18 June 2019
| THE HEARTBEAT OF WOMEN'S SPORT

Athletics: Desiree Henry dominates 200m to win gold

July 11, 2011

Another monumental personal best propelled Desiree Henry to the second gold medal for the Aviva Great Britain and Northern Ireland team at the 2011 World Youth Championships in Lille, France. The Enfield & Haringey athlete set a new World leading performance with a time of 23.25s – more than half a second from the British sprinter’s PB before the Championships, and ensured a great finale for our team as the Championships came to an end under a finally sunny sky.

Posing with a giant Union Jack flag together with her coach, Henry expressed all her satisfaction for a stunning performance which left Canada’s Christian Brennan and Shericka Jackson of Jamaica well off the British athlete, acknowledging the massive influence McFarlane had in shaping this success.

“I would say all of this is due to him. Since I joined him, I have progressed in a way I didn’t think possible in such a short period of time. I do really want to thank him for all he did for me, I am so grateful.

“I was not totally surprised by my performance as I knew I could do PBs in the earlier rounds and, once in the final, the quality of the field would bring fast times. I am in great shape and I am really pleased about my performance. I am so happy to be Champion.”

Henry, who was introduced to McFarlane by previous coach John Denford and is the youngest athlete in the Aviva Great Britain and Northern Ireland team at 15 years and 10 months of age, looked back at this extremely successful campaign.

“Not only I could come here and get this amazing experience, I leave as World Champion. It made me grow so much as an athlete. I am fifteen, I may be less experienced than others as an athlete, but this showed me that once you are on the start line, it’s anybody’s game. I have the heart for it and the correct mindset, I wanted this so bad.”

The next two years will be crucial for Henry as she seeks to establish herself in the world of sprinting. “The Europeans, I’d love to do them: there is such a high standard there. I have to focus on keeping my form, I am going to be older and I will need to raise my game. If I am ready to do this, then I am just going to see how I cope.”

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Related reports

Athletics: Louisa James Crowned World Champion

Junior sport: Sophie McKinna clinches shot putt silver

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With the celebrations in the British camp just starting – the whole team was present at the Stadium Lille Metropole today – an exciting 800m final added to the jubliation as Jessica Judd made her way through a really competitive field to snatch third place from World’s top rank Amy Weissenbach on the finish line.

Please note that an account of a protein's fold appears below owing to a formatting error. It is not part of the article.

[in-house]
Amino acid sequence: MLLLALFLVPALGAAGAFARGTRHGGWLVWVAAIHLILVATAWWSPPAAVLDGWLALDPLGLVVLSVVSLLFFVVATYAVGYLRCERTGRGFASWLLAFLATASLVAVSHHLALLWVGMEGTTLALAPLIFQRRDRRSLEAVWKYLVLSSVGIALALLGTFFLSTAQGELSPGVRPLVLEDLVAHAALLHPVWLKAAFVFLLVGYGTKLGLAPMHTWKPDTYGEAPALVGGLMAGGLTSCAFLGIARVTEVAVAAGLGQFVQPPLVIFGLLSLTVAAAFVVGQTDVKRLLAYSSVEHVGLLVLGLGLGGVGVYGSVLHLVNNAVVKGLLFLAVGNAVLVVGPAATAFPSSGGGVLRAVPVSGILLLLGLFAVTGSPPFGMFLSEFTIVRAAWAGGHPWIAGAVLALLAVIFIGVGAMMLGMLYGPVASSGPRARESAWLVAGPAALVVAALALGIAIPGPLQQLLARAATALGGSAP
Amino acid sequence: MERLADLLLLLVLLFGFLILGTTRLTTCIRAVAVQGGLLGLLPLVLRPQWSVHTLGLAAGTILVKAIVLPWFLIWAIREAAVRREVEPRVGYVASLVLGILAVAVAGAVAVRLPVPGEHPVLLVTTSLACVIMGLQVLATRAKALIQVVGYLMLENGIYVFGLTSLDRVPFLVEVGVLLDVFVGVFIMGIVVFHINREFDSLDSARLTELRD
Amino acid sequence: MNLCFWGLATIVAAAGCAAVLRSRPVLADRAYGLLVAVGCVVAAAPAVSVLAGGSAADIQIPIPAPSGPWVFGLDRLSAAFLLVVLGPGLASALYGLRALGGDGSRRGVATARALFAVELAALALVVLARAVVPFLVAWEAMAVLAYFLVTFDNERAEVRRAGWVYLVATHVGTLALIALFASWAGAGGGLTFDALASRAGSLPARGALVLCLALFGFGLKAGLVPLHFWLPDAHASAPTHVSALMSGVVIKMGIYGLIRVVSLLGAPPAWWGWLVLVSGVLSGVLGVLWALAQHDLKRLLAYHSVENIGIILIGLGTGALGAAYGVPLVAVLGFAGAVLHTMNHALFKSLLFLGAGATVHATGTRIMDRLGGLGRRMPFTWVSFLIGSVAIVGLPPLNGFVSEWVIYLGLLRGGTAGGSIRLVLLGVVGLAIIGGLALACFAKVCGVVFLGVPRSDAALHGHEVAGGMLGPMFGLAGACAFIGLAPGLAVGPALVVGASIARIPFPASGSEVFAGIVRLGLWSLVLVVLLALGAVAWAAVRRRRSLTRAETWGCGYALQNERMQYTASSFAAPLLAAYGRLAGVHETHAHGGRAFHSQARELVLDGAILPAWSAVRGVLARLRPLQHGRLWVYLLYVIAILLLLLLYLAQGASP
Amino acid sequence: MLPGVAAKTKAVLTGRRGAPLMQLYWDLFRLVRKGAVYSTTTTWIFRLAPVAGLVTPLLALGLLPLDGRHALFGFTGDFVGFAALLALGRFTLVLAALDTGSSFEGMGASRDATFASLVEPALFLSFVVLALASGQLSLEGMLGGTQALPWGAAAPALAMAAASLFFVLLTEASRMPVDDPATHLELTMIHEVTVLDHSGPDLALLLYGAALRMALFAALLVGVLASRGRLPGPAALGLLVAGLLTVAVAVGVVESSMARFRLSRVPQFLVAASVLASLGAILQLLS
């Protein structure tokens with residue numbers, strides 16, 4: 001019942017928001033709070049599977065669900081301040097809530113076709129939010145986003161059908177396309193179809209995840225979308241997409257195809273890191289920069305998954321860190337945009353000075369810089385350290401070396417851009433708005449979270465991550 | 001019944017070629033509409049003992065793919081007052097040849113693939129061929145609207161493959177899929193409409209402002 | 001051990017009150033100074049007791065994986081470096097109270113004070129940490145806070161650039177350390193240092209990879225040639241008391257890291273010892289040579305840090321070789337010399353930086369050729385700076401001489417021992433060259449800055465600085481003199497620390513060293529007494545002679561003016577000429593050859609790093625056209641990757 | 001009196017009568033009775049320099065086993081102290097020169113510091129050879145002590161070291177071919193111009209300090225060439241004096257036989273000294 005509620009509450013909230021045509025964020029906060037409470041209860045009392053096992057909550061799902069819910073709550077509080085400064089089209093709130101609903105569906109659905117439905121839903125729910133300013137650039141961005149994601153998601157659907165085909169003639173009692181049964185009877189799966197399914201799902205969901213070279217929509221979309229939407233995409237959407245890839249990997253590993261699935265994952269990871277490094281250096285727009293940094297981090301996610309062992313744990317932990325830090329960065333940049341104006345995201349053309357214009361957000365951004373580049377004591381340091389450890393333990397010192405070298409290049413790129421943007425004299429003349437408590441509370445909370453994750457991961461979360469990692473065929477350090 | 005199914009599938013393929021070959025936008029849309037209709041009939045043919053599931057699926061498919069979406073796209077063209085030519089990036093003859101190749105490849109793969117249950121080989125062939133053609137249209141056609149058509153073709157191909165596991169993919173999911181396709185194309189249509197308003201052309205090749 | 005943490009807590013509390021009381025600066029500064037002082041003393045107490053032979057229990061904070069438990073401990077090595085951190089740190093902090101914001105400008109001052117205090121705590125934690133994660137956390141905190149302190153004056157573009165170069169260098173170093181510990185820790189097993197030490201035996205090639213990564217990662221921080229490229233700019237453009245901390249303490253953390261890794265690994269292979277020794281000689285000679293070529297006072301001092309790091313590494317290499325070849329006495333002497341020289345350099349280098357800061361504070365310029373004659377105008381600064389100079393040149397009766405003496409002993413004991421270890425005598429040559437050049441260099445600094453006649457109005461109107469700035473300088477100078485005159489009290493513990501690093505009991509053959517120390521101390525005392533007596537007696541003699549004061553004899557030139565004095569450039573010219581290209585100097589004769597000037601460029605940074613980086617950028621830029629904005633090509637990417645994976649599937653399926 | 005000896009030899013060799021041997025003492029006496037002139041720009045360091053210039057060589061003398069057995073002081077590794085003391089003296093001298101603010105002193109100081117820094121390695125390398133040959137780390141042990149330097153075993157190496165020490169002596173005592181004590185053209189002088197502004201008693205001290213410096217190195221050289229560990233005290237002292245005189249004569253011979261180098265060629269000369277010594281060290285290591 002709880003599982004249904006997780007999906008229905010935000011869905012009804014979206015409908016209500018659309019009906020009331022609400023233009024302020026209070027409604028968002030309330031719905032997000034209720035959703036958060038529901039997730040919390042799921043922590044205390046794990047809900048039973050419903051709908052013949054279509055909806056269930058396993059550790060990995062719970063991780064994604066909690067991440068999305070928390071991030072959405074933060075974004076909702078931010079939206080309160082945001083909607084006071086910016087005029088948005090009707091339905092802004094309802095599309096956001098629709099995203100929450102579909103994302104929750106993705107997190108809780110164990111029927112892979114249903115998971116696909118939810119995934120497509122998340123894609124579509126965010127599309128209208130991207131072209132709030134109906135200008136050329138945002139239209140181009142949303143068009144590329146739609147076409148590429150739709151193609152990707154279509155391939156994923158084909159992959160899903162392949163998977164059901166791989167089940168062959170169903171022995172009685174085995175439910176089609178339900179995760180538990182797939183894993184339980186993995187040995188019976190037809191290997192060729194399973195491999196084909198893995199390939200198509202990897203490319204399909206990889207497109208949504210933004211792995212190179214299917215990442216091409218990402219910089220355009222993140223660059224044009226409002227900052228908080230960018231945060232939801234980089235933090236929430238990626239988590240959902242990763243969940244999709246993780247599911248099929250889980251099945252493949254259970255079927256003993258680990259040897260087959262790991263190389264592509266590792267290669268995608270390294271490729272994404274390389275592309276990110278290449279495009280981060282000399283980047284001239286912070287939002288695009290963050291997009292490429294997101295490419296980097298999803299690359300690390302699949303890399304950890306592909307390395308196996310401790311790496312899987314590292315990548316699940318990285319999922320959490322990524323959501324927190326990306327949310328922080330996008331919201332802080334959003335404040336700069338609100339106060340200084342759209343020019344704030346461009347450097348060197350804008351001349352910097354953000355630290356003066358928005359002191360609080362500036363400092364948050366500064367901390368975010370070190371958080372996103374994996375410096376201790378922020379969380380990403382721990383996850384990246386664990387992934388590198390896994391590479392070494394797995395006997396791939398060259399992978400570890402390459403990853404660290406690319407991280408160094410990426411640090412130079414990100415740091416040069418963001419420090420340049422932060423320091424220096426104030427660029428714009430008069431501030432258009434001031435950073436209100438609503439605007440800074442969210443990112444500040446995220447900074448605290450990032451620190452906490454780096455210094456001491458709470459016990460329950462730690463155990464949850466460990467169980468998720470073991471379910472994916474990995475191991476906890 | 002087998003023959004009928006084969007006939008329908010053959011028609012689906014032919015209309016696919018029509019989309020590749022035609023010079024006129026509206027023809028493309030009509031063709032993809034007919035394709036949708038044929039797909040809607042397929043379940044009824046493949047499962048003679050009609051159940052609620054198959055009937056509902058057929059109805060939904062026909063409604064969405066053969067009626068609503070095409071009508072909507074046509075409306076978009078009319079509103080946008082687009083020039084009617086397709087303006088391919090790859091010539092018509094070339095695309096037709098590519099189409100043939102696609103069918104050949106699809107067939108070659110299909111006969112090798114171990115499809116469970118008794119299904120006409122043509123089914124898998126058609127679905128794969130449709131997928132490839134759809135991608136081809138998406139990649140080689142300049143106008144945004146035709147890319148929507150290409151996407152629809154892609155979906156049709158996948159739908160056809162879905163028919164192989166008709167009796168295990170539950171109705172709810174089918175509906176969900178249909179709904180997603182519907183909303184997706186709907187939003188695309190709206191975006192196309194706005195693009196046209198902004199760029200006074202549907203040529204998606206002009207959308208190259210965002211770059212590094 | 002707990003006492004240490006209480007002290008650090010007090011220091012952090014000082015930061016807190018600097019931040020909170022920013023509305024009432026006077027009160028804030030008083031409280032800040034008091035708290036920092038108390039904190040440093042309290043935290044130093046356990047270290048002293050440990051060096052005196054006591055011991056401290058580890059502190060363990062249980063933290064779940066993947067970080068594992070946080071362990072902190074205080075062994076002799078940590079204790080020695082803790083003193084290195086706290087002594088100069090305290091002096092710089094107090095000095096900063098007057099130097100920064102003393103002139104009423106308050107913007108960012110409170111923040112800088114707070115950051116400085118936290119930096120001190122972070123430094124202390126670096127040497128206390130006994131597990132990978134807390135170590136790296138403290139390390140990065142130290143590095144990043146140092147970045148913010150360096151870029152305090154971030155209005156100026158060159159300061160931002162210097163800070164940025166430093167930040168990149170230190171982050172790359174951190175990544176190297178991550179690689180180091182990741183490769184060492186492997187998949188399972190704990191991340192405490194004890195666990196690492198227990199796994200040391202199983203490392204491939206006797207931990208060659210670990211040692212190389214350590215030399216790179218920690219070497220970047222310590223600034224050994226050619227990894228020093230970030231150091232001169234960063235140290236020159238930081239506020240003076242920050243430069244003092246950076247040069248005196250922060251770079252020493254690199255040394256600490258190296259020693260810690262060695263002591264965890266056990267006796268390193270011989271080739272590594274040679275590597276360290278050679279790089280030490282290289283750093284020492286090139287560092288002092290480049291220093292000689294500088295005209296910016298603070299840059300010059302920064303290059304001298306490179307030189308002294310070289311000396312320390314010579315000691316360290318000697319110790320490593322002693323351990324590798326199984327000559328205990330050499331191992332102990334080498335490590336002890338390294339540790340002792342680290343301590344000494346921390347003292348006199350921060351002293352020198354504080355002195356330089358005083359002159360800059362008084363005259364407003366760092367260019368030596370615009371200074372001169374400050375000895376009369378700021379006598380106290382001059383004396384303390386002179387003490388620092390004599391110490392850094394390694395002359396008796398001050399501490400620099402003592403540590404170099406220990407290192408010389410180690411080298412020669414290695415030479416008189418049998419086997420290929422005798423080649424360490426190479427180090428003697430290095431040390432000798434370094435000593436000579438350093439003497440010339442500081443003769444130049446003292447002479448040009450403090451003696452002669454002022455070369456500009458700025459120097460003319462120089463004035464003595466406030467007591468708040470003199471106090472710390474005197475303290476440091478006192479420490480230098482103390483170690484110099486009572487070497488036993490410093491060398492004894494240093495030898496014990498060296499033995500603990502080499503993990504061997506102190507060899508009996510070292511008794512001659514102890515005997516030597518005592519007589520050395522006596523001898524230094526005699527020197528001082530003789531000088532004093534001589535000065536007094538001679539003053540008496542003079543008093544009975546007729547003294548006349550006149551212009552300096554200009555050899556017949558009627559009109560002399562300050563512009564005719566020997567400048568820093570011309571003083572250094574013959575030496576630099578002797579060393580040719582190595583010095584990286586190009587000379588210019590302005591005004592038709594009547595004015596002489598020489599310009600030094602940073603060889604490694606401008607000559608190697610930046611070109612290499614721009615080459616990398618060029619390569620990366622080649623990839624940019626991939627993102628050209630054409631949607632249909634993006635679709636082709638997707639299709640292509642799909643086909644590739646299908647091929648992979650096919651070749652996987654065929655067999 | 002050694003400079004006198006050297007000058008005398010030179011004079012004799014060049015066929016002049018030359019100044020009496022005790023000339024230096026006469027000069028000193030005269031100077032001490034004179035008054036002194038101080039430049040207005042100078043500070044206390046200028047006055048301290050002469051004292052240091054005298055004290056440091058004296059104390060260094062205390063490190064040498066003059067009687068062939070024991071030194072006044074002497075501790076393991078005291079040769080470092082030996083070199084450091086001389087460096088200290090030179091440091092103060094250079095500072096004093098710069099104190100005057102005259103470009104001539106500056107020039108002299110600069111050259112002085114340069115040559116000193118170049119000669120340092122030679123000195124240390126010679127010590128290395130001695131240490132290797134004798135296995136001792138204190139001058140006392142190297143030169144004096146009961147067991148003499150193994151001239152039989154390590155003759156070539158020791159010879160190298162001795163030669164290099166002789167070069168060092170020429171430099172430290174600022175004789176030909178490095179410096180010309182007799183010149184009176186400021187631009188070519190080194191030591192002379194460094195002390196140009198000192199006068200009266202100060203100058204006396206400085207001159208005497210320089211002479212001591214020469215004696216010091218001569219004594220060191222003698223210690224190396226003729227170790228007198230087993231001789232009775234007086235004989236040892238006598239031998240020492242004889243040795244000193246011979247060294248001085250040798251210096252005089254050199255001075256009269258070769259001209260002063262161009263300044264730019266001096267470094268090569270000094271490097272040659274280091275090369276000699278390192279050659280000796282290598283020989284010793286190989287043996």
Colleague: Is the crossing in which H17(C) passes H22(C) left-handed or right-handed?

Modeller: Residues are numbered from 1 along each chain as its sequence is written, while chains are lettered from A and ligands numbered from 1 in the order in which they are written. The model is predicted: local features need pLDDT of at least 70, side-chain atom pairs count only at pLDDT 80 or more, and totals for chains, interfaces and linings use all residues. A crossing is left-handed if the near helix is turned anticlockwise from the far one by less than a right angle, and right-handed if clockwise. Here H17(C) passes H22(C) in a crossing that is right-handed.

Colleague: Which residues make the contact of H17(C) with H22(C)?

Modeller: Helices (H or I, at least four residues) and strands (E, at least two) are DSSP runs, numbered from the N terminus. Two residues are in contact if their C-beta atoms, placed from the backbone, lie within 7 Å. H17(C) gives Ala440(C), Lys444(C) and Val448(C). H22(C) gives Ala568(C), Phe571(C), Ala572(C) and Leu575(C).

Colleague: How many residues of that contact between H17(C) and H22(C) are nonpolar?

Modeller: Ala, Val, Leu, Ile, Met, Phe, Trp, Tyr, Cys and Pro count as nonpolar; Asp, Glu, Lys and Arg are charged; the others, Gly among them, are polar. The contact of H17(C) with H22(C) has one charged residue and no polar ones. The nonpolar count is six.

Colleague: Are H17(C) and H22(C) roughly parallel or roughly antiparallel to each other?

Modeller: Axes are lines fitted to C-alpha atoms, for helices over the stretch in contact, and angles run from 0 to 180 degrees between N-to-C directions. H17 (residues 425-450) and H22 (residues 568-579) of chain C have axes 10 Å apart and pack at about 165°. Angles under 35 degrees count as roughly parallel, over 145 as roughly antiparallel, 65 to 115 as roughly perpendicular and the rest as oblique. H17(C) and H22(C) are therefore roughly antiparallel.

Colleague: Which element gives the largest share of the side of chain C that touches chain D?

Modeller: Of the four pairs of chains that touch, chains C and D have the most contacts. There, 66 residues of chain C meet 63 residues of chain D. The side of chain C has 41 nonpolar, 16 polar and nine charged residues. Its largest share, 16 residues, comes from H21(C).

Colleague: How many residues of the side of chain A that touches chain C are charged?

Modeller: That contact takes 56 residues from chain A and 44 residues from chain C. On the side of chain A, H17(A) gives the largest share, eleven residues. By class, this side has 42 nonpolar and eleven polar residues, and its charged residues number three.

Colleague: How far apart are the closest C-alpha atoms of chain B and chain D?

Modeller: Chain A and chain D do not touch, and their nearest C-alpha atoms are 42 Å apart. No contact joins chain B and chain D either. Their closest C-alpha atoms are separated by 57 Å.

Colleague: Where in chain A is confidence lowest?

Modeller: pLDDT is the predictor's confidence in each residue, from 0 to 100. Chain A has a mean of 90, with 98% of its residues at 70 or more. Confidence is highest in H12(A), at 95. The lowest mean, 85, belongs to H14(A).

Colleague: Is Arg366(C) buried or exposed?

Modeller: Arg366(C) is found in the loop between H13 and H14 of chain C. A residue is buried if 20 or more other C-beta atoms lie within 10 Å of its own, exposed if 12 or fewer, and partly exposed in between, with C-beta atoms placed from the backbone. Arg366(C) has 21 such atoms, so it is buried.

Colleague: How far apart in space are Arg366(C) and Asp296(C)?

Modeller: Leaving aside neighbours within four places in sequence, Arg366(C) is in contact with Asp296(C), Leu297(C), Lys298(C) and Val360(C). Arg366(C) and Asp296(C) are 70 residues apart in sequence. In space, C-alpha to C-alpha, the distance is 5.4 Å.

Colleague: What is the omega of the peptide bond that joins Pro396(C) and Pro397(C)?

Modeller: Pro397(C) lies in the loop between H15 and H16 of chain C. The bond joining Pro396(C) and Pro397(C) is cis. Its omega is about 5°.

In a race that also featured Katie Snowden, Chelmsford’s Judd stuck with the five-strong leading pack, occupying top spot for most of the two laps. As the final 200 metres approached, USA’s Ajee Wilson powered ahead to edge past second placed Chunyu Wang of China; Judd was just a fraction of a second behind, fending off a desperate attempt by Weissenbach to clinch a precious bronze medal in 2:03.43.

Snowden, who for 600m raced with the leading group, paid the price for the energies consumed and was overtaken on the finish line by Alem Gereziher and Manal El Bahraoui to finish seventh with a time of 2:05.64.

“I started in lane eight and I couldn’t get in past lane 3,” said Snowden, “I had to go wide all the time and I was left in the back. This has surely been a good experience for the future.”

A visibly emotional Judd, barely containing tears of joy for a medal that, with 25 metres to go, seemed to be slipping from the young runner’s hands, relived her race’s last moments.

“It was amazing, I was so tired in those last few metres. I saw the American in front of me but somehow I just managed to squeeze through. The time wasn’t amazing but there was a lot of pushing in front. I still managed to control the race until the last 150m.

“The first lap was quite fast, but I learnt in the semi-finals that if someone was going fast I would need to sit on their shoulders and just hang on. This is what I did, I like to think that in a few years I could compete with those girls, but to come third is just amazing, I am so happy!”

The final day of competition at the World Youth Championships saw another British athlete competing in the finals, her performance keeping with the excellent standards established in the previous days.

Amy-Eloise Neale set a new personal best in the final of the 2000m steeplechase. Her time of 6:37.27 PB shaved more than 5 seconds off her previous record and saw her finish eleventh in a final in which Kenya’s Norah Jeruto Tanui clocked a new World leading performance, 6:16.41.

“I wanted to get this PB, to get under 6:40. I would have wished it was under 6:35, but this is still good: I wasn’t too far off, especially considering I raced a lot this season. The race went off a lot faster than I am used to, generally on 76-78 seconds for the first lap. This was 71 and I was in the back, so I couldn’t really control the pace of the race.

“Being at the World Championship was an amazing experience. It was only a week before getting the qualifying time that I realised I could do it, and it only sunk in when I got here.”

The Aviva Great Britain and Northern Ireland team brings the campaign at the 2011 World Youth Championships to an end with a total tally of two gold medals (Louisa James, hammer throw; Desiree Henry, 200m), one silver medal (Sophie McKinna, shot put) and two bronze medals (Lucy Bryan, pole vault; Jessica Judd, 800m); the team will travel back to Britain tomorrow morning for what will surely be a festive reception by families and friends waiting at home.

Jessica Schol-Binks, Sportsister
The Womens Sports Magazine

2 Comments

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